Unboxing a 22 Year Old Microsoft Mouse

Finding a functional serial mouse for my ongoing 486 restoration project has been a challenge. Up until now, my retro rigs have had PS/2 ports that work with a variety of older optical mice. This isn’t the case with many custom-built systems from the early to mid-nineties. Unless your system was an IBM or some other name brand, you likely had to use a serial mouse.

Because of the peripheral divide in those days, there was demand for PS/2 as well as serial mice. This prompted manufacturers to create what was then known as ‘combo mice’. These mice would come with a simple PS/2 to serial adapter to allow support for both standards. When it came to keyboards, most if not all PS/2 keyboards were compatible with the common 5-pin DIN connector with a simple adapter. This is because the two connectors are electrically compatible and just need pin translation. With mice, however, this is not the case. For a PS/2 mouse to work with a PS/2 to serial adapter, it must have hardware support for both standards under the hood. Today I’m going to be looking at one of the iconic combo mice from the mid-nineties – the Microsoft Mouse.

msmouse_1

I was fortunate enough to find this ‘new old stock’ mouse on eBay from a Canadian seller. It was brand new and still sealed, which is quite rare these days. Most of the serial compatible mice I’ve come across are quite worse for wear and demand exorbitant prices.

Made in 1996, this 22 year old mouse is really at a crossroads in peripheral connectivity. It supports the legacy Serial standard, as well as the more common PS/2 standard found on all ATX based systems of that era. USB, although it did exist in 1996, was really not popular yet. Even Windows 95 didn’t support it out of the box until later revisions of the OS were released. It’s also just old enough not to have the wheel that’s so common these days.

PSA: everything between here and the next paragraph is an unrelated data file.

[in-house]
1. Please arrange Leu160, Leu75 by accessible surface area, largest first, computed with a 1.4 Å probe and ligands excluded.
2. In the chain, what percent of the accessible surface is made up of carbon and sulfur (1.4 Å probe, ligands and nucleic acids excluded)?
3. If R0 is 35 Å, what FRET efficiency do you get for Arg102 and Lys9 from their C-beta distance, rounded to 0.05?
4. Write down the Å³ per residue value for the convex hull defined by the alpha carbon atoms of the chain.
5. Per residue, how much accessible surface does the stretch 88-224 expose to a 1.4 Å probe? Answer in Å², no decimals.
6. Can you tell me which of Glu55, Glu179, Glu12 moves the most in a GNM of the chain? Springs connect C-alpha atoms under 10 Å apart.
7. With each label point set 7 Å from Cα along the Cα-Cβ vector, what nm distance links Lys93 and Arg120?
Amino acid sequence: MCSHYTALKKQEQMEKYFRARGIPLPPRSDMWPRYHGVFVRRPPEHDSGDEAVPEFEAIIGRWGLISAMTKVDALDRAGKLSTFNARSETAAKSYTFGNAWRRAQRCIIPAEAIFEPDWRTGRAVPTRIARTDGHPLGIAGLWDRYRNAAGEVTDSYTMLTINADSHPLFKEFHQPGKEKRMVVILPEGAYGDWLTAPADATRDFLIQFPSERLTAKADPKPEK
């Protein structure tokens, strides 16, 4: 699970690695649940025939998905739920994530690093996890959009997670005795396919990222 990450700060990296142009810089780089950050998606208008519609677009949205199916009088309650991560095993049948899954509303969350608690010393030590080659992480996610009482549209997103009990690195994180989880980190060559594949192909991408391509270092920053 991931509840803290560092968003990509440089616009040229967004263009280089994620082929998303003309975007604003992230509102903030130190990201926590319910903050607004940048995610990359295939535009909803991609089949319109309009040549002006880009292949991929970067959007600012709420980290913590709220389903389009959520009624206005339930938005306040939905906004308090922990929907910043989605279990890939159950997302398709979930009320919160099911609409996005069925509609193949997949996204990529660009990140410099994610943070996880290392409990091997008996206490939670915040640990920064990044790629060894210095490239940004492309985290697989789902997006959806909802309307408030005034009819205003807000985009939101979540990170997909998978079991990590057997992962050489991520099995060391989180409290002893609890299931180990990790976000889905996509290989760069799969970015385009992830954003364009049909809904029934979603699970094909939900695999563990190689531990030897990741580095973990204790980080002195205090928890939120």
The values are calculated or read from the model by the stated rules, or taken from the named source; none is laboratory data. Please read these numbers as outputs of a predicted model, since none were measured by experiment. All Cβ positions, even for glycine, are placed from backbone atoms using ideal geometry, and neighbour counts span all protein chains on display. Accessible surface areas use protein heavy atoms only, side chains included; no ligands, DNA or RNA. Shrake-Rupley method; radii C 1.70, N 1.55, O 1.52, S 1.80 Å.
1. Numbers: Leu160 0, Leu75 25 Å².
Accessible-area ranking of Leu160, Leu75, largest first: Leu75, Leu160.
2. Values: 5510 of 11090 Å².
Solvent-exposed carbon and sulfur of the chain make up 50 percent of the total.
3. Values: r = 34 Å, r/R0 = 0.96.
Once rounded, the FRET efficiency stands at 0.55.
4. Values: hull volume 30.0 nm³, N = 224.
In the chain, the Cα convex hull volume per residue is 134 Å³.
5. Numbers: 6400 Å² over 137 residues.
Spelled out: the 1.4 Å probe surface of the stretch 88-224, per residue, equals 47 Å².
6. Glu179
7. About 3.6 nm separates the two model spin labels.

I must admit, I was probably a lot more excited to open this package than most people would be. It was pretty neat to see two included floppies and the original Microsoft warranty registration cards. It would be interesting to see what would happen if I actually filled those out and sent them in! šŸ™‚

Being sealed in the original box meant that this mouse still looked brand new over 22 years since being made. Most mice of this age would be badly yellowed by this point. It still had that new electronics smell too. Interestingly, only the grey colored cable seemed to discolor a bit. Notice the mention on the bottom about it being ‘Serial Compatible’. Trust me, I’ve tried many old PS/2 Microsoft mice with a serial adapter only to be disappointed. If it doesn’t say it’s serial compatible, it likely isn’t.

I didn’t waste any time and installed the included software for Windows 3.11. Rather than using the DOS mouse driver, I used the much lighter weight CTMOUSE.EXE that comes with FreeDOS. It uses only 3K of memory instead of closer to 25K. So far so good!

 

From oldest to newest – I’ve accumulated a few Microsoft mice it seems. Interestingly all four have different compatibility. The first is the USB/serial mouse I opened today. The second mouse from the left is PS/2 compatible only. The white optical mouse third from the left is USB and PS/2 compatible. The newer mouse to the far right is USB only.

Stay tuned for more on the 486 restoration!

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